Posted on by HikingMike
I wrote about Panoramio in preparation for its closure, and then recently about Google’s.
What is the newest development? Panoramio is completely shut down. Other users and I have noticed the Panoramio photos layer in Google Earth still shows geolocated photo icons. But clicking on them only brings up a message saying the Panoramio layer is disabled and new photos layer is “Google Maps Photos”. Panoramio photos no longer appear in Google Maps.
Clicking that button “Switch to the New Photos Layer” did not do anything for me. But I did see the Google Maps Photos checkbox under Photos in the Layers menu in the bottom-left of Google Earth. When that is checked, the map shows circular thumbnails (quite a bit larger than the previous thumbnails) of photos from Maps. I looked around a few places and noticed there were far fewer photos available in this new layer. In other places (like urban areas), many more thumbnails show as you zoom in and it’s hard to say whether there are more or less photos.
Panoramio.com website changed also, saying “Panoramio has been discontinued,” and including three frequently-asked questions.
1. What happened to my Panoramio data?
If your Panoramio profile was linked with your Google account, then all your Panoramio photos are being copied to your Google Album Archive at full resolution (this could take a few weeks). All other data has been permanently deleted.
2. Will my Panoramio photos continue to appear in Google Earth and Google Maps?
If your Panoramio photos were appearing in Google Maps with the name of your Google Account, then they will continue to appear along with their original view counts. If they were only attributed to your Panoramio username, they will no longer appear. You can view and manage photos by signing in to Google Maps and accessing the Contributions screen from the main menu. So not all, or maybe none, of the Panoramio photos have been copied yet. This could explain why the photos layer has so few photos currently. They only show those uploaded to Maps. But we have no idea how people many or what percentage of Panoramio users have linked their accounts to enable this migration. The photos of Panoramio users that have not done this are just gone. It was up to those people to do what they will. They own their photos after all.
3. Is there any way to keep posting photos to Google Earth and Google Maps?
Yes – to keep adding photos to Google Maps and engage with a growing community of photographers, join the Local Guides program. You earn points and unlock rewards for photos submitted with a Google account when they are linked to a point of interest or business.
Questions remain regarding the new photos layer.
- How will the quality of photos in the new photos layer compare?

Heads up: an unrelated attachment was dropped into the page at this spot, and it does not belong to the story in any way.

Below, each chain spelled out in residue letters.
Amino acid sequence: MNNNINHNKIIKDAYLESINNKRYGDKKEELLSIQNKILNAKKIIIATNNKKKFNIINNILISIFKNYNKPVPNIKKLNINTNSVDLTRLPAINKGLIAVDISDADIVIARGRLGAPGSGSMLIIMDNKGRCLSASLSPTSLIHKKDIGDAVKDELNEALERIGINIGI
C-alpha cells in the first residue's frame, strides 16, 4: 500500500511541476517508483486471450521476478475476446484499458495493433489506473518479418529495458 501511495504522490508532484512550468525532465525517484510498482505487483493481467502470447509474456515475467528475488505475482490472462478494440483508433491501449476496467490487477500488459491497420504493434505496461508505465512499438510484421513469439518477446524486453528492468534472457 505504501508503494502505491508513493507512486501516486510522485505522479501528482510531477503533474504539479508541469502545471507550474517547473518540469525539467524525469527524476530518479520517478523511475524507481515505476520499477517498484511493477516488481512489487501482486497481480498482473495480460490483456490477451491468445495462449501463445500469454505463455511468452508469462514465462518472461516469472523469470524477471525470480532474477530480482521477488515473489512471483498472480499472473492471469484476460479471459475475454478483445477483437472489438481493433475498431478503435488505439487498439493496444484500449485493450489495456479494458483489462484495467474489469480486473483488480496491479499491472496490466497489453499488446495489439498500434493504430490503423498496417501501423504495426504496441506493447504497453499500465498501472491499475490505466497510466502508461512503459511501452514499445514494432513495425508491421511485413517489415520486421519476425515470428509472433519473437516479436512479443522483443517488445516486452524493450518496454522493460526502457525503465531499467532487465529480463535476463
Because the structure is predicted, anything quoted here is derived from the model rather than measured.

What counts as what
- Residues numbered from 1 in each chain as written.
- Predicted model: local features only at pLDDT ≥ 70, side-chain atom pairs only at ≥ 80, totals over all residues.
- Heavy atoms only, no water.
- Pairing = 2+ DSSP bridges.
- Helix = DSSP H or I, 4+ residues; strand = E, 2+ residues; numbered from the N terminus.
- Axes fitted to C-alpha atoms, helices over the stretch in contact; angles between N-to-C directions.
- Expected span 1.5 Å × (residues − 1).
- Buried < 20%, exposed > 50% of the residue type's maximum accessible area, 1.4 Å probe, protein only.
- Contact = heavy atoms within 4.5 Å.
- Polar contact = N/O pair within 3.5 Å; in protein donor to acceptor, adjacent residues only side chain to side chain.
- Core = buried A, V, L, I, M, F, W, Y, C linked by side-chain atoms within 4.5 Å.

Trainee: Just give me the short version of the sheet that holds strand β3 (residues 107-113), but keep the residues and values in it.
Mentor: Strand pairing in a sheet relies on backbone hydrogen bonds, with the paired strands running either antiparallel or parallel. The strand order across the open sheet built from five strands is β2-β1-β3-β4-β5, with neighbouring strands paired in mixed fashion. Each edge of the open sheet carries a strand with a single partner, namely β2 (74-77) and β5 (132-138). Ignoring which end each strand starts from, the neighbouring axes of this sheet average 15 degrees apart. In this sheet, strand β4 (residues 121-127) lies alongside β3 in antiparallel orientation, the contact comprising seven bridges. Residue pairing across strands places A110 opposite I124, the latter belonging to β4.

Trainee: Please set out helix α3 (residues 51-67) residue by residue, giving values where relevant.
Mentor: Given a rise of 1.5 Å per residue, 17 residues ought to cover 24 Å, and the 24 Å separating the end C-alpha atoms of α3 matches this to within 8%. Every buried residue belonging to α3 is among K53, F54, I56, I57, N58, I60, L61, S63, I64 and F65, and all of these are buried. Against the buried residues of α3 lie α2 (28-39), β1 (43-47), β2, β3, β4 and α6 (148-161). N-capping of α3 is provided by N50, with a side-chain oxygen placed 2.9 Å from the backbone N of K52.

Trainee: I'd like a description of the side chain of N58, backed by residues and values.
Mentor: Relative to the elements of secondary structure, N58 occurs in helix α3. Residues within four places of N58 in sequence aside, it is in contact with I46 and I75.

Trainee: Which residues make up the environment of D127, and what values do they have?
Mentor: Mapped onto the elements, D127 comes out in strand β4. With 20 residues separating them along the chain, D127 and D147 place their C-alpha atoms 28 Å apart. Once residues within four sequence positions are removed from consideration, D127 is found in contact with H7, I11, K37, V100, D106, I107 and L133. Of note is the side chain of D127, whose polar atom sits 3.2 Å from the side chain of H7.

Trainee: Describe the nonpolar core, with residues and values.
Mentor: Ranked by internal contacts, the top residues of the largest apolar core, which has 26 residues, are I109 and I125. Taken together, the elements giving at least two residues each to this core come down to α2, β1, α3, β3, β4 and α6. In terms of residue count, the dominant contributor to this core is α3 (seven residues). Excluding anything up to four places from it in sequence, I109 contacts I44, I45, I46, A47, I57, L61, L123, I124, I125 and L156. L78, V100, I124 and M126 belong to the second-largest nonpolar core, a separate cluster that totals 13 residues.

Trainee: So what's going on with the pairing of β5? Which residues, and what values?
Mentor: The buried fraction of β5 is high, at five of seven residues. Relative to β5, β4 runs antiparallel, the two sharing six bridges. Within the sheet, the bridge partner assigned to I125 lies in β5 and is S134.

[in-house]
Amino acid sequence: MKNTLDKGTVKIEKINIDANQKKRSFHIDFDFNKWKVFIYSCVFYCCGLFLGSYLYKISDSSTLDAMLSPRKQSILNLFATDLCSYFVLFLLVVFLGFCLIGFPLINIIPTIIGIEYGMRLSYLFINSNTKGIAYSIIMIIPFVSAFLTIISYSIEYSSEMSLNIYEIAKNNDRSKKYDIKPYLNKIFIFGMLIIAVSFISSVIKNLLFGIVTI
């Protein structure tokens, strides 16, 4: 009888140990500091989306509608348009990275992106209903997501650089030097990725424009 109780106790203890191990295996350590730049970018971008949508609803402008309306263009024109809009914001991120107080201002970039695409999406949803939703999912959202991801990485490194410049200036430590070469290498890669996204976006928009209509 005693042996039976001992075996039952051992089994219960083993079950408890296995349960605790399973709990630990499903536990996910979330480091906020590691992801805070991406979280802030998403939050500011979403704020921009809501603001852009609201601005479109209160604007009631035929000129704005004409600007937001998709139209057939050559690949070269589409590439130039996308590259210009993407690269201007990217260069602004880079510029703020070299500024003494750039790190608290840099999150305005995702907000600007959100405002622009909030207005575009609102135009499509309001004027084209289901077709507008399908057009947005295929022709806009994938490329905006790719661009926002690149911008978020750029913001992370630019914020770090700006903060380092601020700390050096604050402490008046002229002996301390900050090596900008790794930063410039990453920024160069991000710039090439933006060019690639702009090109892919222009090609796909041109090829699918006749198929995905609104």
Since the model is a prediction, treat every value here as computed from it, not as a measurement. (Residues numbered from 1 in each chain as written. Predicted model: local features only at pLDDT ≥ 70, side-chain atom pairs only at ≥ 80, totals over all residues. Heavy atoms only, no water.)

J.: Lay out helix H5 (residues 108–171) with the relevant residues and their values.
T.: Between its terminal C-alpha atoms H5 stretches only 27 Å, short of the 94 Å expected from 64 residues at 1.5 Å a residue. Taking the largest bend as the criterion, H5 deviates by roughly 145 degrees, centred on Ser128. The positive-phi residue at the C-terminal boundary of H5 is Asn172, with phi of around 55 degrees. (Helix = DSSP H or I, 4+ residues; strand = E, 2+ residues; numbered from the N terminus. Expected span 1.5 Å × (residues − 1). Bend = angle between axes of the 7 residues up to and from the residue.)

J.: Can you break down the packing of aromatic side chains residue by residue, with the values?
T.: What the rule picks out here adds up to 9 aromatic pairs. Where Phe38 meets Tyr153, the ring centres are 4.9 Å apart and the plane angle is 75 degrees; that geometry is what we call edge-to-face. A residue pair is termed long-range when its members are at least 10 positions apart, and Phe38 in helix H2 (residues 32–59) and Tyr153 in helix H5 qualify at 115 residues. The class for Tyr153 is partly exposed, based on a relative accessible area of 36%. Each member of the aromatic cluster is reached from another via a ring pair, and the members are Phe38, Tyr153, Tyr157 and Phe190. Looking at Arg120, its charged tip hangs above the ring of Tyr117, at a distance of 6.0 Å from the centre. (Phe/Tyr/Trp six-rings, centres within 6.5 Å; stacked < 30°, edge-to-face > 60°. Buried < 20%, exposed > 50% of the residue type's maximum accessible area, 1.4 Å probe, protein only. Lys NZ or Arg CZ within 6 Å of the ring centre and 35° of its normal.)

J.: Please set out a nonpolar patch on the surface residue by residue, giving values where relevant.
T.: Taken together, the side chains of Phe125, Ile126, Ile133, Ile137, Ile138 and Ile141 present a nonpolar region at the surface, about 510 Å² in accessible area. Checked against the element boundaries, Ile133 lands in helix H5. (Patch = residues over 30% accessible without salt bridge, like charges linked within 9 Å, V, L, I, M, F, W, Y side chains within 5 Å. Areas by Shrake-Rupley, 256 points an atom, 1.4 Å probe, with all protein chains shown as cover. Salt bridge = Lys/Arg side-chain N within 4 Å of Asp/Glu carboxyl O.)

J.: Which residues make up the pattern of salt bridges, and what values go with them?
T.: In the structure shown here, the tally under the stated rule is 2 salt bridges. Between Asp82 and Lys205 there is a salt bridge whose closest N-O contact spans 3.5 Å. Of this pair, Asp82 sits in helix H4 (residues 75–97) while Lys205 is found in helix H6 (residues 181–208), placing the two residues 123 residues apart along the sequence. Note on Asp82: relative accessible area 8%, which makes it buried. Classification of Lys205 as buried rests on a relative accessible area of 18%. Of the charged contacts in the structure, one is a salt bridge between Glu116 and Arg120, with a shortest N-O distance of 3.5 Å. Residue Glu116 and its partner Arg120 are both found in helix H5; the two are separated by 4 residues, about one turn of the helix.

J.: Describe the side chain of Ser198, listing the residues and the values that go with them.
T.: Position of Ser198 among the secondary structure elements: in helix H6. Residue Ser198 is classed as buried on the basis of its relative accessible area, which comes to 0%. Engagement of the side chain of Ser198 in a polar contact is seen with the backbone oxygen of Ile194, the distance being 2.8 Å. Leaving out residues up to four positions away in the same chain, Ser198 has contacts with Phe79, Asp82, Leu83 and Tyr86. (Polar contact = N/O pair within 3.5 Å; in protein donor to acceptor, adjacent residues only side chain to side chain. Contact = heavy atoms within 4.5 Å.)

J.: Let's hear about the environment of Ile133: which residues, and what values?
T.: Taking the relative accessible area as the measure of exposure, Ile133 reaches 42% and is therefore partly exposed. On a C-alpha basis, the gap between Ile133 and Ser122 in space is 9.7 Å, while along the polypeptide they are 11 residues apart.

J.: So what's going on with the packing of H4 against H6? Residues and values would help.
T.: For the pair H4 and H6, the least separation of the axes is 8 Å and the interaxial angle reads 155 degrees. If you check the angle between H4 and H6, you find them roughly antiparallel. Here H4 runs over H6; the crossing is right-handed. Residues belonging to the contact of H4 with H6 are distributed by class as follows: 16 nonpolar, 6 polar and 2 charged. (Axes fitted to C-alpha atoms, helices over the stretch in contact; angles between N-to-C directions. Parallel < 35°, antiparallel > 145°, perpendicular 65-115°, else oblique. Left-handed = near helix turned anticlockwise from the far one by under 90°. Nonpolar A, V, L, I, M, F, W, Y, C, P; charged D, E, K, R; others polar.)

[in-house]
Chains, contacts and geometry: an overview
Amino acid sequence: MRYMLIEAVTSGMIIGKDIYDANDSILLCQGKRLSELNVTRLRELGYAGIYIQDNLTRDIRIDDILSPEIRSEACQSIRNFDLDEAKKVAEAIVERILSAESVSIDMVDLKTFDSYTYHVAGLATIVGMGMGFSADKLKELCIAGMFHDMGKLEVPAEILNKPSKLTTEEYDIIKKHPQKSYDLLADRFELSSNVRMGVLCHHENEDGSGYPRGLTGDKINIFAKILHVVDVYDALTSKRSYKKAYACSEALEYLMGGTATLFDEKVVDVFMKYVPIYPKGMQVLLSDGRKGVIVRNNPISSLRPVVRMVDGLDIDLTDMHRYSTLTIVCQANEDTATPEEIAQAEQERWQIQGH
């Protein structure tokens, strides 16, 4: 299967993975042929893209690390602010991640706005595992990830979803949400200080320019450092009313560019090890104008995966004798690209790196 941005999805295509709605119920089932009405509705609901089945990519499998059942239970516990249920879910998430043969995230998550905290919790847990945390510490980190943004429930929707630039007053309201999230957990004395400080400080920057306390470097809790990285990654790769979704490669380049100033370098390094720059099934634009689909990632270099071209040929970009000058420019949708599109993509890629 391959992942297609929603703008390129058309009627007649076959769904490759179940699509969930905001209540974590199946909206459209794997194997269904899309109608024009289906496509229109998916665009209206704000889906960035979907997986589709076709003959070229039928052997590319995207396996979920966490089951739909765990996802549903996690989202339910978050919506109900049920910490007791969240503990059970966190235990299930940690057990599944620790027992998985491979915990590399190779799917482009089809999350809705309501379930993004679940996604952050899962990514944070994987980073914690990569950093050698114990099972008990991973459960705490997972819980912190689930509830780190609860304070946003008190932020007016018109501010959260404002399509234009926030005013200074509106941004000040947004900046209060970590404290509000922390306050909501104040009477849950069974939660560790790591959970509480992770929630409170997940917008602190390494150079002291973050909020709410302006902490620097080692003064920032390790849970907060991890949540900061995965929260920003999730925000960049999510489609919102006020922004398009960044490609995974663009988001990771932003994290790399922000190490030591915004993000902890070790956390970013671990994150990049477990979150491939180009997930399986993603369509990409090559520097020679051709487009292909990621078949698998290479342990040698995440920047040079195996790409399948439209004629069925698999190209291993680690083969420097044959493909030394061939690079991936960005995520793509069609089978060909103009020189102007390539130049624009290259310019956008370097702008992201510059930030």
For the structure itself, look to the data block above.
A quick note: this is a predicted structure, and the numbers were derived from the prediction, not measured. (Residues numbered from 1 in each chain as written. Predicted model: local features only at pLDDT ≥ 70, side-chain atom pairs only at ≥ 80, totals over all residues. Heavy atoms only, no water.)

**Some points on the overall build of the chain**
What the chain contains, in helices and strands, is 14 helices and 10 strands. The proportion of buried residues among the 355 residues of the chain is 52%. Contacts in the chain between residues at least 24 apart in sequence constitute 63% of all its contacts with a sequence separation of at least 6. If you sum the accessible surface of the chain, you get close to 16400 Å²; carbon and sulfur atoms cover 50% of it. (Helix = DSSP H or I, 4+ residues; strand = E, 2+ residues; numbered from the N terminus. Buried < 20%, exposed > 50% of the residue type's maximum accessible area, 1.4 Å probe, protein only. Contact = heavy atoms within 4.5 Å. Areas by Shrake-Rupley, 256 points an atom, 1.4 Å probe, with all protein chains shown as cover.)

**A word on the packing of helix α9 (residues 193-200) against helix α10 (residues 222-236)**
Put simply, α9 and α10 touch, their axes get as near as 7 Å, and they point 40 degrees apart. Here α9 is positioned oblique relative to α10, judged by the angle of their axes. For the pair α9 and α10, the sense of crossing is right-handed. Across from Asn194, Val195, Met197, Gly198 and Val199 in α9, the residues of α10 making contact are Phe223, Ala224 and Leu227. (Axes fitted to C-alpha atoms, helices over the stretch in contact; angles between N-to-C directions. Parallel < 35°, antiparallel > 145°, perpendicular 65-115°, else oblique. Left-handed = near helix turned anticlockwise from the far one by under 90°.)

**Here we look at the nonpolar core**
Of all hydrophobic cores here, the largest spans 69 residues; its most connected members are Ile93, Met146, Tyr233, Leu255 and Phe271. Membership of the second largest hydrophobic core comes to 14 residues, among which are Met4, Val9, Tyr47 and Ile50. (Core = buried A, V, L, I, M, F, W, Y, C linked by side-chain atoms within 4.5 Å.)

- How will map coverage of photos layer change?
- How will point-of-interest requirements affect photos/locations? ()
I also have concerns about what is missing from the new process.
- Where are the community and social functions? Local Guides Connect is neat, but it is detached from the actual photos. I’d like to post a comment to tell someone how awesome their photo is. I thought this could be doable with Google+.
- How can I learn more about a photographer? How can photographers get some recognition for their work filling great geolocated photos into the map? As it is now, they/we aren’t much better than anonymous Google-photo-bots.
Right now I can say that the quality of photos in the new layer, at least regarding relevancy to the map and location, is probably better than I expected (not too many food photos). But it is still not as good as Panoramio. The layer includes lots of photos that are not relevant. And there are far less photos appearing in areas that aren’t urban (at least until Panoramio photos are copied). This makes sense as the Google’s focus with Maps and Local Guides is ultimately fleshing out business listings. But I believe they should do what’s needed to improve things for non-urban areas. People will use Maps and Earth more if they are better tools, whether they are used to look at businesses in town or scenery in undeveloped areas.
Lots of people from Panoramio are negative towards Google’s new program. That has been apparent in Panoramio’s web forum, and from the vocal few users in Local Guides Connect. For me, I actually recommend joining the new program. This is because I hope that the fantastic people that made Panoramio great can help shape it and improve it so it might work as well as Panoramio did as a geolocated photos resource and community. Right now I think it needs help in that department. Sign up to Local Guides and share your opinion in the Local Guides Connect forums like I have.
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